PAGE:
Securing a decent deal for workers: Employee representatives on boards

LAB2007By Jim Sheridan MP

There has been a significant decline in democracy in the workplace; brought about by decades of attacks on the trade union movement, employment rights and collective bargaining structures, established to ensure a collective voice at work.

It is clear that employees must be given a stronger voice in the strategic direction of our businesses.

This is why this paper for Class: Centre for Labour and Social Studies examines the concept of workplace democracy, and focuses in particular on the inclusion of employee representatives on company boards, drawing on Sweden as a case study and referencing interviews that have been conducted specifically.

This evidence strongly suggests that this system is beneficial to all involved:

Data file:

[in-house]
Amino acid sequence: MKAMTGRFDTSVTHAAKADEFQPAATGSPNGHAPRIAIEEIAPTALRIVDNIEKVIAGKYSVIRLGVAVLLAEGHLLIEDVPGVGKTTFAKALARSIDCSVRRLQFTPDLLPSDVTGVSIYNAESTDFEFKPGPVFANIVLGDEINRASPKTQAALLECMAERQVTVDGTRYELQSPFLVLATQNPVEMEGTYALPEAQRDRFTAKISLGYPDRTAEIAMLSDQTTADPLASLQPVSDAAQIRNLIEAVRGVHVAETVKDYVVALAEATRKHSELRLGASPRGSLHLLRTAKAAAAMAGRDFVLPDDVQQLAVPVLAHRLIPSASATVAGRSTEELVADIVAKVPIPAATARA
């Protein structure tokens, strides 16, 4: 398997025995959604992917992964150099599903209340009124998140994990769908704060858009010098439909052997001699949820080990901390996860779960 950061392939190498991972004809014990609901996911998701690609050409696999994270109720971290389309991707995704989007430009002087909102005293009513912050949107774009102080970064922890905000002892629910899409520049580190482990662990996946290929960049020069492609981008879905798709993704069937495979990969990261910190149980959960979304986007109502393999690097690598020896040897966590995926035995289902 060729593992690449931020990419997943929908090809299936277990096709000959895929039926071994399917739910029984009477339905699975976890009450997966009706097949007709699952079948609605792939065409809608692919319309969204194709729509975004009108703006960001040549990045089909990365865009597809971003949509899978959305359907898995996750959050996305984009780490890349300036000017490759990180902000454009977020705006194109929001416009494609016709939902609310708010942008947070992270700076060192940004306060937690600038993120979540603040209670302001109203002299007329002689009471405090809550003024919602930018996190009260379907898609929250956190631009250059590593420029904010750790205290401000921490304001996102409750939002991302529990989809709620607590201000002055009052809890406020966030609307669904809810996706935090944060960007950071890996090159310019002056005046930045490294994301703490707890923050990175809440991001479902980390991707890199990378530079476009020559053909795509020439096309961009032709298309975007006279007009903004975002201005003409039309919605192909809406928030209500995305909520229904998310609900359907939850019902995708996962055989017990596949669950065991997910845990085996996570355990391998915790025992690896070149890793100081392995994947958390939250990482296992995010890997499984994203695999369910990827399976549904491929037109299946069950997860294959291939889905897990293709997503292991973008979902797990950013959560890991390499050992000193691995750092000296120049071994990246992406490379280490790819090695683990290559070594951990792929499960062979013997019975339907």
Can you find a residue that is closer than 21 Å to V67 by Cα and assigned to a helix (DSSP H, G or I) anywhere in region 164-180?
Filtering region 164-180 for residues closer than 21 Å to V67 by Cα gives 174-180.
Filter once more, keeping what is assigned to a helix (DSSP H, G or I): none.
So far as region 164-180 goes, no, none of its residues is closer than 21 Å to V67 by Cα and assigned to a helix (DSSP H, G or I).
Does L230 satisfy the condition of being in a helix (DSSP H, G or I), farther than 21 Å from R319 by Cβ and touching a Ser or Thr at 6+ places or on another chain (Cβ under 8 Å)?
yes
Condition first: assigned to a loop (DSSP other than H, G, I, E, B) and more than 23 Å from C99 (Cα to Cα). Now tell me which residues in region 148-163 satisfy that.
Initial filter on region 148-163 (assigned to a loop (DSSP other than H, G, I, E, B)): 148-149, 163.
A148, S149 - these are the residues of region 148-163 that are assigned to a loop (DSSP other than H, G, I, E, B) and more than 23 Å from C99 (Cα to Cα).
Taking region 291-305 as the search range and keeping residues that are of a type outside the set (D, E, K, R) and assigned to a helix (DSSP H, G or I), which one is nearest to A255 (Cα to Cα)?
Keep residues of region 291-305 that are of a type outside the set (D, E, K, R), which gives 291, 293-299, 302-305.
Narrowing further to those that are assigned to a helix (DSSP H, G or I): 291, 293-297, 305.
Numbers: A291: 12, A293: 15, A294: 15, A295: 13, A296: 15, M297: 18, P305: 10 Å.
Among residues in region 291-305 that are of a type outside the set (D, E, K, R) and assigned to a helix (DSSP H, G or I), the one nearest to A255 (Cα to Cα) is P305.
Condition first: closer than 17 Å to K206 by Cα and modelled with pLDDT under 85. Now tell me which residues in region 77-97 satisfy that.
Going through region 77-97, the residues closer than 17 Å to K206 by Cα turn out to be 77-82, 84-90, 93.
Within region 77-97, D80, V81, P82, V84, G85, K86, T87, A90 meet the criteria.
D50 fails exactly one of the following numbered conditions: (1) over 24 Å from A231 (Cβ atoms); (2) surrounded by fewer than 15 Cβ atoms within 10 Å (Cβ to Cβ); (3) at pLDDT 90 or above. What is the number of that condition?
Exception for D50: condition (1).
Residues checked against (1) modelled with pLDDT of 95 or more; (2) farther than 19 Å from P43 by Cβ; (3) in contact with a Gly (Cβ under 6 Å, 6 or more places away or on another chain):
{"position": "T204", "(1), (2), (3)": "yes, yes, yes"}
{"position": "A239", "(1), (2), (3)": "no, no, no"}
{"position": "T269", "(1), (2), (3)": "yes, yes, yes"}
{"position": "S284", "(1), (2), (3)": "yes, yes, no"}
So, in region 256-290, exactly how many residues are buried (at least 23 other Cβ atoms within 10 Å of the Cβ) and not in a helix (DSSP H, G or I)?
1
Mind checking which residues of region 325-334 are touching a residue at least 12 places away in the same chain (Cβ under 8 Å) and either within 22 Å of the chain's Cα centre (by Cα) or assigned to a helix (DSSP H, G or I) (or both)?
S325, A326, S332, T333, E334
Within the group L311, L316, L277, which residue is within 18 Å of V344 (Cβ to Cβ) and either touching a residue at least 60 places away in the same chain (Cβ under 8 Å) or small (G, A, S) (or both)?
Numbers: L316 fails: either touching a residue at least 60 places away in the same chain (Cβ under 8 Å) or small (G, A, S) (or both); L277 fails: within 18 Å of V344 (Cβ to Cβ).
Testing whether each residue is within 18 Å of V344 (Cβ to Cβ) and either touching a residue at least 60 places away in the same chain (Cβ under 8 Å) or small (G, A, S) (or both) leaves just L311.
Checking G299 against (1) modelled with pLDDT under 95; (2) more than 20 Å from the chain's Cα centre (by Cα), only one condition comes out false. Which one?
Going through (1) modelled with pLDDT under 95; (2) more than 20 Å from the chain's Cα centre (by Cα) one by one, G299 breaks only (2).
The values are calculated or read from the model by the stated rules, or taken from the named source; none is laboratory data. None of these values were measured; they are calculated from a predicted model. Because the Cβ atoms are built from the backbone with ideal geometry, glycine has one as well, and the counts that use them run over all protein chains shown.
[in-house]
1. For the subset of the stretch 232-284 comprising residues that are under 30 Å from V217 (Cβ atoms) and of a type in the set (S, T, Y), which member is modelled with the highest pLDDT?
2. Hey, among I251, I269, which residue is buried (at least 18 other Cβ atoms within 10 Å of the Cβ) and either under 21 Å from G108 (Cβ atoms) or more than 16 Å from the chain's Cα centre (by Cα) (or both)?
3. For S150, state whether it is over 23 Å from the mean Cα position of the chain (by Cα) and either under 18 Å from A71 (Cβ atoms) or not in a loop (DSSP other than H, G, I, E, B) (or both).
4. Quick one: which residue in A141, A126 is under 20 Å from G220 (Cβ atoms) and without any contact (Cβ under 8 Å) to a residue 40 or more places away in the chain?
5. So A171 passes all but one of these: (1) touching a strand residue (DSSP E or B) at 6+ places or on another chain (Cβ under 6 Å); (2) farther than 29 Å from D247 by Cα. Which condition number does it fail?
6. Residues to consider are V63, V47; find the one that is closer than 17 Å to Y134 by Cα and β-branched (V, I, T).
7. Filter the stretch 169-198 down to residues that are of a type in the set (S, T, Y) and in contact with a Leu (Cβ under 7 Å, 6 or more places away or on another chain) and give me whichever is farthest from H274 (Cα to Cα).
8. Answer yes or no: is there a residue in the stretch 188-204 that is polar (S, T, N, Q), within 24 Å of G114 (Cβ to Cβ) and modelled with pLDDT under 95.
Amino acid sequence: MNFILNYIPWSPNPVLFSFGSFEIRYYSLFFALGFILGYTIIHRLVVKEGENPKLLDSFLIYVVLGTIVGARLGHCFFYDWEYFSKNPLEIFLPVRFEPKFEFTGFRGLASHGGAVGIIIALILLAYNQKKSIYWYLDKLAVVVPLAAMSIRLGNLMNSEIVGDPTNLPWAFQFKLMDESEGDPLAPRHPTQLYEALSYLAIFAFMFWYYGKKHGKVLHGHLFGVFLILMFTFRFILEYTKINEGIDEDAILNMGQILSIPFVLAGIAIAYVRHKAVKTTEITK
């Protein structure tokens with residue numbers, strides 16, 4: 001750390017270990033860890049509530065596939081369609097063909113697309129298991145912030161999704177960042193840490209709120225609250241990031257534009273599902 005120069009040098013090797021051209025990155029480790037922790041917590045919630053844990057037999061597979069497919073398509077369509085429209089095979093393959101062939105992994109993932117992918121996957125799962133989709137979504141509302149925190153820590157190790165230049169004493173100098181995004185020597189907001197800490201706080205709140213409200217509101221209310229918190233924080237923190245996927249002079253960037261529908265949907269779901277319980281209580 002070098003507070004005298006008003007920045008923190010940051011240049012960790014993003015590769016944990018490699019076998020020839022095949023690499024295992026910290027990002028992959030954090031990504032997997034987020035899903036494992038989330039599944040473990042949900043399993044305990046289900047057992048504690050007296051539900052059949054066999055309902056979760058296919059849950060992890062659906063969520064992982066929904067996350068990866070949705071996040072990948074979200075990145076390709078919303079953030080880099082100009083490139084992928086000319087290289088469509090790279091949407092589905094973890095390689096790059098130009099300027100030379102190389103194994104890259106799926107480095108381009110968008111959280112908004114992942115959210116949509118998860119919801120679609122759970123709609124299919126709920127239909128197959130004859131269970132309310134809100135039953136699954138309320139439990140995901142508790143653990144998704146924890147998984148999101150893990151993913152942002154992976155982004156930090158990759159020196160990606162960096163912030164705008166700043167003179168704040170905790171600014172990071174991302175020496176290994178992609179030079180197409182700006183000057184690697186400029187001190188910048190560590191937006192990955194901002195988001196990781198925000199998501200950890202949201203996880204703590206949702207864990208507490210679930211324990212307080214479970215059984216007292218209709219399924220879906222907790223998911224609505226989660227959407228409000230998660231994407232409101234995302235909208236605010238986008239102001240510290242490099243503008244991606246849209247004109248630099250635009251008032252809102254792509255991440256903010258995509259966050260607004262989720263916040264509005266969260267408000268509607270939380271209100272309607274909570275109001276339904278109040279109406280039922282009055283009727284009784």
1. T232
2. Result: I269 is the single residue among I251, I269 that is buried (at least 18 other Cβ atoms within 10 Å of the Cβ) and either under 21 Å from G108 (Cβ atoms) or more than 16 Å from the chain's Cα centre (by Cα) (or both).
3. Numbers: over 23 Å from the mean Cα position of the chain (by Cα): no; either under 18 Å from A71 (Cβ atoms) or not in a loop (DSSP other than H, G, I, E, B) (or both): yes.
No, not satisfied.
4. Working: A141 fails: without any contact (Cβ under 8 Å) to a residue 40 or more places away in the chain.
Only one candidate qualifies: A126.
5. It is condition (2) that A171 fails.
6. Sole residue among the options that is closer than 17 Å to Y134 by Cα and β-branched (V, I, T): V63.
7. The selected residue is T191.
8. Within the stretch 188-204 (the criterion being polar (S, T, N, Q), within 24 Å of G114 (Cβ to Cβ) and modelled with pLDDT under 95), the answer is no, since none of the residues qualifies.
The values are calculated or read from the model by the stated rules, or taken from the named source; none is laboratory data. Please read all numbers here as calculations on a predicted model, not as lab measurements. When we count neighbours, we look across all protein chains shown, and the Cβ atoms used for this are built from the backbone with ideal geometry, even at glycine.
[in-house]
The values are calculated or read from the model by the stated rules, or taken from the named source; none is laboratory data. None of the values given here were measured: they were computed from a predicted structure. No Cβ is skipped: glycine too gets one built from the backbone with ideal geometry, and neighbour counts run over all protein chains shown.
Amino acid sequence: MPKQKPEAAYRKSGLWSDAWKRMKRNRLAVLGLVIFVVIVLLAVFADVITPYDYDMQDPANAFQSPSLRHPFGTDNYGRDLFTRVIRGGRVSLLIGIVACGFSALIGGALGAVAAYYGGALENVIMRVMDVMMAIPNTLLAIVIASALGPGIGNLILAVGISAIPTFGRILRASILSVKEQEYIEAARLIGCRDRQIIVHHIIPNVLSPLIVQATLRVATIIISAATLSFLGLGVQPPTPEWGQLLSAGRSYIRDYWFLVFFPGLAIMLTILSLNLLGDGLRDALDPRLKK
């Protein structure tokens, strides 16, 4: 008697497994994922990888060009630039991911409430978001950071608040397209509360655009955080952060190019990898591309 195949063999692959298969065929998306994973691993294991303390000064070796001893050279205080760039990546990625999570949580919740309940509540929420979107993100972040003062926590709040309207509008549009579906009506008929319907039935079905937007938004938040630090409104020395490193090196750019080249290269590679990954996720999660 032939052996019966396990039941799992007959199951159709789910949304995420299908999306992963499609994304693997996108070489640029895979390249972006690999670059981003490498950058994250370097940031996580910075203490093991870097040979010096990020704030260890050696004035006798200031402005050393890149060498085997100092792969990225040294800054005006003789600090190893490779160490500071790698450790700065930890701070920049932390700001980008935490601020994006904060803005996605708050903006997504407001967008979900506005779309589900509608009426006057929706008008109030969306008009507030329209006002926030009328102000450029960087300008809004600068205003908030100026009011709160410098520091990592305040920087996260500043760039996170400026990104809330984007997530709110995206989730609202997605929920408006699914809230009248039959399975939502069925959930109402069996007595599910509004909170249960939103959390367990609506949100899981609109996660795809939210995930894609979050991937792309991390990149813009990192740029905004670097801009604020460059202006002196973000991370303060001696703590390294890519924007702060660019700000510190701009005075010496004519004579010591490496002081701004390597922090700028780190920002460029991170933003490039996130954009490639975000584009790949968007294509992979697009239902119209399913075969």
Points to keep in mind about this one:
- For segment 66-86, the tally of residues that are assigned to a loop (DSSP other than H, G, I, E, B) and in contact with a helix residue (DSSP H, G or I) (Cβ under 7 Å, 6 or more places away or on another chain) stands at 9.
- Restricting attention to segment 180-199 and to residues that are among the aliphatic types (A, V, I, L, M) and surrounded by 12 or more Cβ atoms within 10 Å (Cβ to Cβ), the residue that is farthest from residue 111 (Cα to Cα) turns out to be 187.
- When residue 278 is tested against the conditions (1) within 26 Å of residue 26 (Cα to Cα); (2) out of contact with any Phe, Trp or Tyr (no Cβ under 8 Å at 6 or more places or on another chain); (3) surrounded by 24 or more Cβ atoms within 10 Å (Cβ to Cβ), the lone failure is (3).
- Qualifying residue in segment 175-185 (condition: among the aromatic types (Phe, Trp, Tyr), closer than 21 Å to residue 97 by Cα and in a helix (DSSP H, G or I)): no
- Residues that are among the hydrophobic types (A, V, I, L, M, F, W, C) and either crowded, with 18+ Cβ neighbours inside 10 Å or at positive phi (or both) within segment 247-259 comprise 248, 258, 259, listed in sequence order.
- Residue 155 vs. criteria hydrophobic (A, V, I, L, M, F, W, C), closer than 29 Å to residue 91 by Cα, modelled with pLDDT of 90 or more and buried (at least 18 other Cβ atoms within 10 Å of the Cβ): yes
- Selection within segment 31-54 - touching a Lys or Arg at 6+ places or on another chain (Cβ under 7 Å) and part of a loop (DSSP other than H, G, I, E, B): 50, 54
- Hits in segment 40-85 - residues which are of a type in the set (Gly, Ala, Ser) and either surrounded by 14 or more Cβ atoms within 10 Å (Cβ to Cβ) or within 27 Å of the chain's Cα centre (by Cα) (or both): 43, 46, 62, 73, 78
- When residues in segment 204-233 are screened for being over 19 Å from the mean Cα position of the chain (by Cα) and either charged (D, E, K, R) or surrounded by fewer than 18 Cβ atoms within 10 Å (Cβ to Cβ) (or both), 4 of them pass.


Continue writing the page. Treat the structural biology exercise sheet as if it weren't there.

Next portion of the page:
• Employees are able to present issues at board level
  • Trade unions form better working relationships with management
  • Board members benefit from the expertise of employees working on the shop floor

We have reached a decisive moment, with public opinion turning against companies that exploit their workers. With some cross-party consensus on the inclusion of employee representatives on company boards, there is now scope to re-open some of the discussions around this issue that took place in the 1970s.

As a proud trade unionist, I do not want to see another generation believing that zero hour contracts and poor workplace rights are the norm of working life. We need a change, and I believe this more cooperative approach between management and employees is the way forward.

Also click here to read Jim Sheridan’s ¬†full report.

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